Divine Hours Prayer: The Small Verse
Keep me, Lord, as the apple of your eye and carry me under the shadow of your wings.

Today’s Readings
Esther 7 (Listen 2:08)
1 John 4 (Listen 2:58)

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What We Do In Remembrance

Scripture Focus: 1 John 4.19-21
19 We love because he first loved us. 20 Whoever claims to love God yet hates a brother or sister is a liar. For whoever does not love their brother and sister, whom they have seen, cannot love God, whom they have not seen. 21 And he has given us this command: Anyone who loves God must also love their brother and sister.

Reflection: What We Do In Remembrance
By John Tillman 

Holidays in a time of pandemic are strange, aren’t they?

Most have gone through Lent and now Eastertide without gathering or celebrating as normal, and now on Memorial Day in the United States, we attempt to remember those who gave their lives in active military service without the traditional large gatherings, family cookouts, and other, more formal solemnities. 

While military service members who have died are the focus of this day, it is difficult for our minds not to turn to the many doctors, nurses, and other medical personnel who are not active military members, but have died fighting a very real war against a very real virus.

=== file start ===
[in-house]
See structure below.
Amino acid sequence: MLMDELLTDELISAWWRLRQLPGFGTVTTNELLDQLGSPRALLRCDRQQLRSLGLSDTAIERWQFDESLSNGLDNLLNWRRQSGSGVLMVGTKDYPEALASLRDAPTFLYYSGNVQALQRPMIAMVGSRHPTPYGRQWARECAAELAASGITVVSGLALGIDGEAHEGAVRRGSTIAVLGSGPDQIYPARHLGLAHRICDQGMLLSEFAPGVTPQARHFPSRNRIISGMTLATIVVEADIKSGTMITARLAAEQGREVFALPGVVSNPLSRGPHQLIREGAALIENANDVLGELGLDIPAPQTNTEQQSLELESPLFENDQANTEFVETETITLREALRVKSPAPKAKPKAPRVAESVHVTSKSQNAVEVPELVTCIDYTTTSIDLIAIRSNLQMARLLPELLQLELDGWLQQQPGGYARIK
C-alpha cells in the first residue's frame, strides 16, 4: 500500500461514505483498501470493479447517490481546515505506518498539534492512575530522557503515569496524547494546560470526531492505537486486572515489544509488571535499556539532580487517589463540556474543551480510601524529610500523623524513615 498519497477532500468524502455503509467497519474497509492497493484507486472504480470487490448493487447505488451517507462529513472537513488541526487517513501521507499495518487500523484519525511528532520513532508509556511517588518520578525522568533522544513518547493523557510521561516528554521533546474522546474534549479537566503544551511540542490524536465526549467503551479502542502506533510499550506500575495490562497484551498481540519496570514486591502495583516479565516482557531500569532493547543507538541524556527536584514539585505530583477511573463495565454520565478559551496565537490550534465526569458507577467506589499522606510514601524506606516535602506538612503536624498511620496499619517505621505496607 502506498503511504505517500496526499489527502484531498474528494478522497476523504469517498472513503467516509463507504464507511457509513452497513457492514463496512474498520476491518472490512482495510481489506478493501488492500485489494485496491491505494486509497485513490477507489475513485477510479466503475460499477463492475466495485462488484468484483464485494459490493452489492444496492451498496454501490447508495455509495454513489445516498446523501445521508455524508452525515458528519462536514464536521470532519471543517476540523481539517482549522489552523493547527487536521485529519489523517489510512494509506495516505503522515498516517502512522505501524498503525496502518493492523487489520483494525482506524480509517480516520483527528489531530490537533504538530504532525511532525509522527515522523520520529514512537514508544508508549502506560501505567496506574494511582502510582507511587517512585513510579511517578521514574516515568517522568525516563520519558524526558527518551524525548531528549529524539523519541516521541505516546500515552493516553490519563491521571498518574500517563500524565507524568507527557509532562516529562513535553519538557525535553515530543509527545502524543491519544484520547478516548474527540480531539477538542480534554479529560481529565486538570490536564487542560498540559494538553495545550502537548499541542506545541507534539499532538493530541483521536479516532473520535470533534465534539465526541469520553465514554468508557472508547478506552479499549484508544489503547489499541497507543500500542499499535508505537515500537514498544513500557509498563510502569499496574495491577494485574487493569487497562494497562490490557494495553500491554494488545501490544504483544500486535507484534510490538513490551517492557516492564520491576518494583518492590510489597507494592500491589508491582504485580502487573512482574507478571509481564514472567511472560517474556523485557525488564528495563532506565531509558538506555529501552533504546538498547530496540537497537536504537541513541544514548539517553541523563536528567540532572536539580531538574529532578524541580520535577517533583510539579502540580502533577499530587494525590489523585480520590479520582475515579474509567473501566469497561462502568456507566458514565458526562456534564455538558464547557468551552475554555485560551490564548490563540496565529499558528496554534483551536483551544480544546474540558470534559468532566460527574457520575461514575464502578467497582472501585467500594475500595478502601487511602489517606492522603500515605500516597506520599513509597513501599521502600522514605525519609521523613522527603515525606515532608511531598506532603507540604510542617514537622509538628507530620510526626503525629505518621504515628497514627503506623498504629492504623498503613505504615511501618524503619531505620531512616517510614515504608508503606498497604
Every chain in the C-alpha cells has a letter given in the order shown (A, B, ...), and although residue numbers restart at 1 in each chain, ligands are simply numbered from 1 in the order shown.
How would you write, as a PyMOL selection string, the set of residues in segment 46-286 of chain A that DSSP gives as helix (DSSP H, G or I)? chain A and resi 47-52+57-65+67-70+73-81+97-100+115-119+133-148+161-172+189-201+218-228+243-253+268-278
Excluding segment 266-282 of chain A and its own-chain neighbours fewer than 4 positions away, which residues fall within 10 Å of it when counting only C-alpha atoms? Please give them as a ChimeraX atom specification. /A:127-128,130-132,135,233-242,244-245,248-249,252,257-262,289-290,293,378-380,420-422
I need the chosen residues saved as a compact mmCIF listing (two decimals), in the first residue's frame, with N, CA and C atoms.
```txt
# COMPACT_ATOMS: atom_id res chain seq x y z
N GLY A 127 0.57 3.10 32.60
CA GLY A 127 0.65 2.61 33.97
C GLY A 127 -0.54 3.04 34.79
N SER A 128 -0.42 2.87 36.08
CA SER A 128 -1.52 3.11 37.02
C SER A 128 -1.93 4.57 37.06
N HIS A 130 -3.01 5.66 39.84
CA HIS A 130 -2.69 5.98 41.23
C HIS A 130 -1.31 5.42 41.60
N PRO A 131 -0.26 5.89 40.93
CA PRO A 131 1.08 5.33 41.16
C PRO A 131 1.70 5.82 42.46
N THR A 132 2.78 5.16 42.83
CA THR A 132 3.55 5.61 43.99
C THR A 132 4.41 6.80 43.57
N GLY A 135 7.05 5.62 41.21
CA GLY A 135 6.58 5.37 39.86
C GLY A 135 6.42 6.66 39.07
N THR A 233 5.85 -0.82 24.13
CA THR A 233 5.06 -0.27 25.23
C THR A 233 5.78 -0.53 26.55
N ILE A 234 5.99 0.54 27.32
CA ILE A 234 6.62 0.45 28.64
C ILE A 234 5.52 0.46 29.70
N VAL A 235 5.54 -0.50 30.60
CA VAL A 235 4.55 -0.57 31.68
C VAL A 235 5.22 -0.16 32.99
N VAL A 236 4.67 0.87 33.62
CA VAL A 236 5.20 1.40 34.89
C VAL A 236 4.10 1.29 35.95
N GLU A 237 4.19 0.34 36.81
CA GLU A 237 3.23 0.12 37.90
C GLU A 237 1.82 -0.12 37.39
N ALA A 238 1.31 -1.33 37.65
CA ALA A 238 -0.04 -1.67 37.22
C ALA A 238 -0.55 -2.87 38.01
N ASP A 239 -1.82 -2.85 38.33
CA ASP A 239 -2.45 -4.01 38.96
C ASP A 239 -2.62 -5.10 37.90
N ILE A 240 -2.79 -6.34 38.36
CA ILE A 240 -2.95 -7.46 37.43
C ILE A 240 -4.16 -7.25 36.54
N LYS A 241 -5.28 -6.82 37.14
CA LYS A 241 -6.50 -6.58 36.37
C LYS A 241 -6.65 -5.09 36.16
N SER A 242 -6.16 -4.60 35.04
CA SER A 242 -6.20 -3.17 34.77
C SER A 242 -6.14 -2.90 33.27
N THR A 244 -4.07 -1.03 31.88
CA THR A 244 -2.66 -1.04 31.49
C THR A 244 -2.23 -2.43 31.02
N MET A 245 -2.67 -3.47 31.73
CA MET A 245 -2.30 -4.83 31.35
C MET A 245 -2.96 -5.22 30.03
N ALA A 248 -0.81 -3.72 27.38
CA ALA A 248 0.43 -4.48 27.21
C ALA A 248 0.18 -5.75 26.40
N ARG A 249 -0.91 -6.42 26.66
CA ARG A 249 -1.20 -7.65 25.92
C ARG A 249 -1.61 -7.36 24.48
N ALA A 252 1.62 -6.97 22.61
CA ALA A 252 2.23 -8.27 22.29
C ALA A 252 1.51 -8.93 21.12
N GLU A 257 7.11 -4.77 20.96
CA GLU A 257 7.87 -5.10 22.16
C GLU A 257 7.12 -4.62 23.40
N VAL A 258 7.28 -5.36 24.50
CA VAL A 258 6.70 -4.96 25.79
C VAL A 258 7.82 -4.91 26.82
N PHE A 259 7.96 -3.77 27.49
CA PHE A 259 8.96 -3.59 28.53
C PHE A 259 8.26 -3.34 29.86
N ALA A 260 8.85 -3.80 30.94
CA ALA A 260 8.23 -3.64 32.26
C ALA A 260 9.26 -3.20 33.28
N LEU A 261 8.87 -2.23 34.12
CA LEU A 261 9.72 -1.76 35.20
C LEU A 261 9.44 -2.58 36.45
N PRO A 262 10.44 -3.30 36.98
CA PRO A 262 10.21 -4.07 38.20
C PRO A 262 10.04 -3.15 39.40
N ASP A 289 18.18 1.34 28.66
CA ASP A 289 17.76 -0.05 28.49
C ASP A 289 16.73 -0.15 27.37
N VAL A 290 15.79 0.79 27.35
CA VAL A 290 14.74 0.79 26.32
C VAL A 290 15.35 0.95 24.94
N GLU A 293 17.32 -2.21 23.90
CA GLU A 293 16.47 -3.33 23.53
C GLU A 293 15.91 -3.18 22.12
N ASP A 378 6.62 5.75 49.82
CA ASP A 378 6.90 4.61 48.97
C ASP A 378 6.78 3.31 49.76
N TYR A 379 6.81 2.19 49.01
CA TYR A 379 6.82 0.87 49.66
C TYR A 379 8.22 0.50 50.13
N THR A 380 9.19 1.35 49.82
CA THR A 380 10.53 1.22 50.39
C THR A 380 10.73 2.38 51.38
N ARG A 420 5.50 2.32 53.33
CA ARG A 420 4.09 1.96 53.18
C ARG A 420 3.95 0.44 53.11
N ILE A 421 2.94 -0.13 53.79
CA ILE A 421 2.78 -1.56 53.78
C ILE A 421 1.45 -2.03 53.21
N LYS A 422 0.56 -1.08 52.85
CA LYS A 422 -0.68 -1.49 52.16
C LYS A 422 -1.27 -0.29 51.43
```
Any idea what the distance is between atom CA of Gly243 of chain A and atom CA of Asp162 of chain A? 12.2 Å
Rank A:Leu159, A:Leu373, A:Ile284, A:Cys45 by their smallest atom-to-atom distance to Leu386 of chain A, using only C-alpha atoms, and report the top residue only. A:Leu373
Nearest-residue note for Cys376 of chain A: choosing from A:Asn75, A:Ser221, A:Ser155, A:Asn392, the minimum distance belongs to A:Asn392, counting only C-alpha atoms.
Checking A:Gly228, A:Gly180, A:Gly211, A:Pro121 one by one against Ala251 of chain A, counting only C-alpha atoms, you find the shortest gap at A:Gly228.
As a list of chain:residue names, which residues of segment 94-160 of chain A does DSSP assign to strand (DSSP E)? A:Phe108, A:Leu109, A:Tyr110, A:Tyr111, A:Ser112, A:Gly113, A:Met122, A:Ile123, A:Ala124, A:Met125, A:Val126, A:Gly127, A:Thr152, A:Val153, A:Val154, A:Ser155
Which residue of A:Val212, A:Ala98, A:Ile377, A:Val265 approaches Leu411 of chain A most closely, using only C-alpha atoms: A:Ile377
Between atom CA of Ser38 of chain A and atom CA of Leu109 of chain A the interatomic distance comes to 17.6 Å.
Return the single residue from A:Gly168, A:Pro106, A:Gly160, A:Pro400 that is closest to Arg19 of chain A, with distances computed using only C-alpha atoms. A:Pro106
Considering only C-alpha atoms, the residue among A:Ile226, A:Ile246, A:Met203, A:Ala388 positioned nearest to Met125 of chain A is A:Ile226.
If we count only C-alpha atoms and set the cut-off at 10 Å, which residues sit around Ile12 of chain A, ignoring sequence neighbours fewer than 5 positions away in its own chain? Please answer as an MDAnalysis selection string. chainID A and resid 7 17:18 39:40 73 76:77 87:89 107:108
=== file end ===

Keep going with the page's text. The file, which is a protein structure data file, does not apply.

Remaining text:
Medical personnel have been enduring stresses, schedules, and dangers similar to those they would experience in wartime. Their stresses and dangers are real and are exacerbated by the war-like tenor of public and political grandstanding by so many political leaders, and unfortunately some faith leaders, on the issues surrounding the crisis. 

So, on this Memorial Day let us remember that in word and in deed we are charged, commanded, and compelled by the Holy Spirit of God to enact and speak love in tangible ways to those around us. 

May we do so in remembrance of Jesus. We are called to strip ourselves of pride and clothe ourselves for service in ways that others deem unseemly or demeaning. We are charged to take up our cross and clothe ourselves not in “rights” but in righteousness.  

We do this not because we are loving people, but because He is a loving God. We love because of him (1 John 4.19) and hate in spite of him. If we do not or will not show love to others, we are in rebellion against God’s Holy Spirit (1 John 4.20) and are hardening our hearts, becoming more and more insensitive to His leading and to needs around us.

On this day, and on all the days to come, may we allow the Holy Spirit to re-soften our hearts toward his leading and toward our neighbors’ needs. May we be led toward loving actions and may loving and truthful words be placed on our tongues and on our keyboards. 

Divine Hours Prayer: The Prayer Appointed for the Week
Grant, O Lord, that the course of this world may be peaceably governed by your providence; and that your Church may joyfully serve you in confidence and serenity; through Jesus Christ our Lord who lives and reigns with you and the Holy Spirit, one God, forever and ever. Amen.

– Divine Hours prayers from The Divine Hours: Prayers for Springtime by Phyllis Tickle

Today’s Readings
Isaiah 26 (Listen – 2:58)
1 John 4 (Listen – 2:58)

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Jesus, he turned everything upside down…Jesus washed each of the disciples’ feet, even Judas’…